Search results for 'Naming' (try it on Scholar)

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  1. Anselm K. Min (2006). Naming the Unnameable God: Levinas, Derrida, and Marion. [REVIEW] International Journal for Philosophy of Religion 60 (1/3):99 - 116.score: 24.0
    In this essay I present the postmodern phenomenological approach of Levinas, Derrida, and Marion to the problem of naming the unnameable God. For Levinas, God is never experienced directly but only as a third person whose infinity is testified to in the infinity of responsibility to the hungry. For Derrida, God remains the unnameable "wholly other" accessible only as the indeterminate term of pure reference in prayer. For Marion, God remains the object of "de-nomination" through praise. In all three, (...)
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  2. Ludovic Ferrand, Marc Brysbaert, Emmanuel Keuleers, Boris New, Patrick Bonin, Alain Méot, Maria Augustinova & Christophe Pallier (2011). Comparing Word Processing Times in Naming, Lexical Decision, and Progressive Demasking: Evidence From Chronolex. Frontiers in Psychology 2.score: 24.0
    We report performance measures for lexical decision, word naming, and progressive demasking for a large sample of monosyllabic, monomorphemic French words (N = 1,482). We compare the tasks and also examine the impact of word length, word frequency, initial phoneme, orthographic and phonological distance to neighbors, age-of-acquisition, and subjective frequency. Our results show that objective word frequency is by far the most important variable to predict reaction times in lexical decision. For word naming, it is the first phoneme. (...)
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  3. Gabriela Garrido Rodriguez Ardi Roelofs, Vitória Piai (2011). Attentional Inhibition in Bilingual Naming Performance: Evidence From Delta-Plot Analyses. Frontiers in Psychology 2.score: 24.0
    It has been argued that inhibition is a mechanism of attentional control in bilingual language performance. Evidence suggests that effects of inhibition are largest in the tail of a response time (RT) distribution in non-linguistic and monolingual performance domains. We examined this for bilingual performance by conducting delta-plot analyses of naming RTs. Dutch-English bilingual speakers named pictures using English while trying to ignore superimposed neutral Xs or Dutch distractor words that were semantically related, unrelated, or translations. The mean RTs (...)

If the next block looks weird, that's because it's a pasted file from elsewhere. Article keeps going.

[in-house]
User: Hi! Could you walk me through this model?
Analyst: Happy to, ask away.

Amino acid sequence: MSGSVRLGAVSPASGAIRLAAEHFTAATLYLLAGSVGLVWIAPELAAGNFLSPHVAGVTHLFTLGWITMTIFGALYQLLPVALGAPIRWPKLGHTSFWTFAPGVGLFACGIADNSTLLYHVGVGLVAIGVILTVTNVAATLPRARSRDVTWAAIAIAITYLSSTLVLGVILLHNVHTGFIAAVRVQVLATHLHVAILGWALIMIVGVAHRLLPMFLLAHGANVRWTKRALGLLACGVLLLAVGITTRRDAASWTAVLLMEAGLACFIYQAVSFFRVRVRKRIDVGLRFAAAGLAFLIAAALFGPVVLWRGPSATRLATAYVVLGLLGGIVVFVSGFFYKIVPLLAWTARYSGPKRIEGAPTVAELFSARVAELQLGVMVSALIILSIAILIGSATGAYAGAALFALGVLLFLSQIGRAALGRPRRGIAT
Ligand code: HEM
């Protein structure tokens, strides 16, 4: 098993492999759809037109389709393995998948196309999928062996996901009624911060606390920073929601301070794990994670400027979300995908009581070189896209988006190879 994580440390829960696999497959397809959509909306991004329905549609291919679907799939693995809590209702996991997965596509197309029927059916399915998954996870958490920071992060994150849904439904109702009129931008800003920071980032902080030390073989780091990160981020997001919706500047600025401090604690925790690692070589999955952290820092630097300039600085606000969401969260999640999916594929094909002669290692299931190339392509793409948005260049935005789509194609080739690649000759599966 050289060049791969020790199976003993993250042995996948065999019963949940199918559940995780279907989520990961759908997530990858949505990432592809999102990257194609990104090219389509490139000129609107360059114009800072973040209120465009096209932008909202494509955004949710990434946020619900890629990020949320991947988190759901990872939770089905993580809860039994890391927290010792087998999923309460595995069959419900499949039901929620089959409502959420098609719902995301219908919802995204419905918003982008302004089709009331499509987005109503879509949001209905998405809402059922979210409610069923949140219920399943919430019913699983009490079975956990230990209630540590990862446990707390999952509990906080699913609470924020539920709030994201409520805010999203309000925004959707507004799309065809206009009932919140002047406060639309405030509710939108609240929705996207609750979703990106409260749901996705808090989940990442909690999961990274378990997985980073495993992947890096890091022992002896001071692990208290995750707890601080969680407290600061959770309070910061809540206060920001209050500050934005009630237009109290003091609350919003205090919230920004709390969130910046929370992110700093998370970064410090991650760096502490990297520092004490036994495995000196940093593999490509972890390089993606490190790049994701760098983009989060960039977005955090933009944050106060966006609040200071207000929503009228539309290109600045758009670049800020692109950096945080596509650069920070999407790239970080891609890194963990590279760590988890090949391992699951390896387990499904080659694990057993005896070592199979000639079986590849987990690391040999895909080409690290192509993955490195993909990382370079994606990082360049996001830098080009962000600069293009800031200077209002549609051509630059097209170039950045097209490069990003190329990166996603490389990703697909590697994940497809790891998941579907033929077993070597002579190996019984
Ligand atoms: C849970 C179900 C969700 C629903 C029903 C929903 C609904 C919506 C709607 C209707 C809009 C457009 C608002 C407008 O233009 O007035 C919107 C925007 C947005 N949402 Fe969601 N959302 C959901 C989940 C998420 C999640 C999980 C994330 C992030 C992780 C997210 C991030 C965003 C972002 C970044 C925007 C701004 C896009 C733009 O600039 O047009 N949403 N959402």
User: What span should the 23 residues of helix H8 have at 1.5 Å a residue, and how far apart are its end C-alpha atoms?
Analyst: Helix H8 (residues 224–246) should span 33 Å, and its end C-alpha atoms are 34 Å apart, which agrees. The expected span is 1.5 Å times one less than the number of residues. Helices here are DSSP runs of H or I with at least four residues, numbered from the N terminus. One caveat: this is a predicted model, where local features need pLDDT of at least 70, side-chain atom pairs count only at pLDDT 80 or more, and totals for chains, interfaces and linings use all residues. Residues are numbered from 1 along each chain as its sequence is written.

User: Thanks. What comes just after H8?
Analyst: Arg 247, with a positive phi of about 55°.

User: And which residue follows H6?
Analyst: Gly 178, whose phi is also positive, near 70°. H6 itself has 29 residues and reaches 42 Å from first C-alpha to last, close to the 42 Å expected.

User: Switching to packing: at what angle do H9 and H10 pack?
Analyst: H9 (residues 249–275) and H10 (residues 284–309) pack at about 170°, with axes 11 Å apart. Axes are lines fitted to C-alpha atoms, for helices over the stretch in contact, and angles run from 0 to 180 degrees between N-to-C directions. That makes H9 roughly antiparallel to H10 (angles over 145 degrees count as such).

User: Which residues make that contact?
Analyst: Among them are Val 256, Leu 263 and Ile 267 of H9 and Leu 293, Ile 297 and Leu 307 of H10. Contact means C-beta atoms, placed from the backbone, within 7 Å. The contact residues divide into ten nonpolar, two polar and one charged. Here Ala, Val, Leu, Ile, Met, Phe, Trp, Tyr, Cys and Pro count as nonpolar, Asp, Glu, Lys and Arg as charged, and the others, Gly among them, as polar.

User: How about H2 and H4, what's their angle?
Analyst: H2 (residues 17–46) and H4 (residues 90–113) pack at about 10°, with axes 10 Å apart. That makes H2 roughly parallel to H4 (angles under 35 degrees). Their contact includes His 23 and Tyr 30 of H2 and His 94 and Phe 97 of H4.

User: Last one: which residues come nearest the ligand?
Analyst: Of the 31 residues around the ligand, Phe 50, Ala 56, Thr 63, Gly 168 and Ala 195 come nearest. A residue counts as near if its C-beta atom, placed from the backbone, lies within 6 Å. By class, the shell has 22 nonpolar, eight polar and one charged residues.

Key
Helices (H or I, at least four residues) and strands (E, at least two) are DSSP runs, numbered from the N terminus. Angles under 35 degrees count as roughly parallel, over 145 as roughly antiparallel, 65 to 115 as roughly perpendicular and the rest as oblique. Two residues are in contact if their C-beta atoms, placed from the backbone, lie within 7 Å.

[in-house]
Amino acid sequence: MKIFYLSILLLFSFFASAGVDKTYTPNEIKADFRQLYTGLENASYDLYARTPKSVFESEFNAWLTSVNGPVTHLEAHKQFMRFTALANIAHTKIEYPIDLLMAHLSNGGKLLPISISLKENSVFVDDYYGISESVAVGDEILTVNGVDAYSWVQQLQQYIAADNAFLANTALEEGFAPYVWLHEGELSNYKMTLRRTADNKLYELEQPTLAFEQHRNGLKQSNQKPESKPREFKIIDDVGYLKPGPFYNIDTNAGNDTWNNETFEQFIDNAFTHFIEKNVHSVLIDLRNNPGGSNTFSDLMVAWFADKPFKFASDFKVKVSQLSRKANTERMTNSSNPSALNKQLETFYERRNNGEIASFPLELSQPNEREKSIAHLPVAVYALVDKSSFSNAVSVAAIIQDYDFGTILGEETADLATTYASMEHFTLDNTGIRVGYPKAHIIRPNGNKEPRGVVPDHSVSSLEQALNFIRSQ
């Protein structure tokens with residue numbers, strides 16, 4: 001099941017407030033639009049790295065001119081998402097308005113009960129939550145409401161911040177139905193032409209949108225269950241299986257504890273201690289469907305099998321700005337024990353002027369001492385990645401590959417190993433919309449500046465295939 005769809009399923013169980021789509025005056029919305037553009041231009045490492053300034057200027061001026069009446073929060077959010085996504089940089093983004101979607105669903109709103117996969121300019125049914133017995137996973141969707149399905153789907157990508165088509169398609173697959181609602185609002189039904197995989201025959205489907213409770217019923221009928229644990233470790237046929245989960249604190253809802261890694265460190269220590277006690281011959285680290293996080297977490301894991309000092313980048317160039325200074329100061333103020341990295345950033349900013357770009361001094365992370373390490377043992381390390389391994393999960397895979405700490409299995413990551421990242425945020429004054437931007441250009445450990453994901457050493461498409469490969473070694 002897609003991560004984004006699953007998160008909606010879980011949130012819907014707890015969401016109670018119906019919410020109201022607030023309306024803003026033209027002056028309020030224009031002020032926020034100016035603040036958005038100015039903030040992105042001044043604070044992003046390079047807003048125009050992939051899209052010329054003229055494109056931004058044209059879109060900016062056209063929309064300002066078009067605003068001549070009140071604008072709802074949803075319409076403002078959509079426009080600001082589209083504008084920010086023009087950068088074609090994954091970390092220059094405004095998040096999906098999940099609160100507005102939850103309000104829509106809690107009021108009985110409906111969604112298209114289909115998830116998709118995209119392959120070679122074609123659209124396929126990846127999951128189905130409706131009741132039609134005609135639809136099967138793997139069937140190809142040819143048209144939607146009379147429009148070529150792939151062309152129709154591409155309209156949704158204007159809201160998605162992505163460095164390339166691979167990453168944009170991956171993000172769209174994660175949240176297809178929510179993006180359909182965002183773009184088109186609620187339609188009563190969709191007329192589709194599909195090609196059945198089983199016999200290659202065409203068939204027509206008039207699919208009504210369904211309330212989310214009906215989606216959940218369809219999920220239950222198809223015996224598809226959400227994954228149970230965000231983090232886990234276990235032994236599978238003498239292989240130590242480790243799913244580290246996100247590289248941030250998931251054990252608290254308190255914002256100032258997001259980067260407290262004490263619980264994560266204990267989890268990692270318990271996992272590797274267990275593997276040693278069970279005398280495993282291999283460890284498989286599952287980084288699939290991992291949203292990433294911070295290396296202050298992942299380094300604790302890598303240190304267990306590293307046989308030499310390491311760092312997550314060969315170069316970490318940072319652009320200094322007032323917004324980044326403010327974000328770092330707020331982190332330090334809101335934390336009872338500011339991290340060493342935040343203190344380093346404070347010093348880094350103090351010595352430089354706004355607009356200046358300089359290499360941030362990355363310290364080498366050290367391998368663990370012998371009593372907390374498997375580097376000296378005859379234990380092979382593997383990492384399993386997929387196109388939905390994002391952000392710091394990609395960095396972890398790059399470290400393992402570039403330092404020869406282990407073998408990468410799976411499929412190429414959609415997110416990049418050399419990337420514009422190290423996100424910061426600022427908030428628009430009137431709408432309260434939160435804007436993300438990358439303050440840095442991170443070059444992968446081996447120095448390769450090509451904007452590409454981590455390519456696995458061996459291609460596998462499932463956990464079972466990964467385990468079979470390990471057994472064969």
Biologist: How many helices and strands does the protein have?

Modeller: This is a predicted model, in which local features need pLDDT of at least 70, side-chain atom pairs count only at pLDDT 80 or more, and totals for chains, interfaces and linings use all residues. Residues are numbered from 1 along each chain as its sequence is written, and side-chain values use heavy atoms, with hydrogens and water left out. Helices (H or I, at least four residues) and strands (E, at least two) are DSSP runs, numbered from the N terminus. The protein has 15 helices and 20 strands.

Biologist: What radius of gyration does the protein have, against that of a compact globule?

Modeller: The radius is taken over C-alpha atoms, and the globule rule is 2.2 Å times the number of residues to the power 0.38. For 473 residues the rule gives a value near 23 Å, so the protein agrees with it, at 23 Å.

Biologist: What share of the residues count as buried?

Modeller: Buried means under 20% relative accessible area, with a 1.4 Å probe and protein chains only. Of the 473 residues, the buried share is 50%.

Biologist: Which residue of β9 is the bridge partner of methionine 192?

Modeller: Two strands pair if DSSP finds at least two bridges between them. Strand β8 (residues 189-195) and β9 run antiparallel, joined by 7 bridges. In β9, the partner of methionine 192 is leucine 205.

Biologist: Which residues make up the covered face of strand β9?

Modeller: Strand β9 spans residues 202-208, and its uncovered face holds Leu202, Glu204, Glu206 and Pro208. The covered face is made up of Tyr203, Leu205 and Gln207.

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  4. Alasdair Daniel Francis Clarke, Moreno I. Coco & Frank Keller (2013). The Impact of Attentional, Linguistic and Visual Features During Object Naming. Frontiers in Psychology 4:927.score: 24.0
    Object detection and identification are fundamental visual tasks and recent work suggests that it is primarily objects, rather than low-level salient regions, that attract our attention. This raises the question of which objects are important in the context of a visual scene. The current eye-tracking study investigates how different features (attentional, visual and linguistic) influence the likelihood that a given object in a scene will be named. We carried out an object naming task involving 24 participants and 100 photographic (...)
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  5. Bradford Z. Mahon Eduardo Navarrete, Paul Del Prato (2012). Factors Determining Semantic Facilitation and Interference in the Cyclic Naming Paradigm. Frontiers in Psychology 3.score: 24.0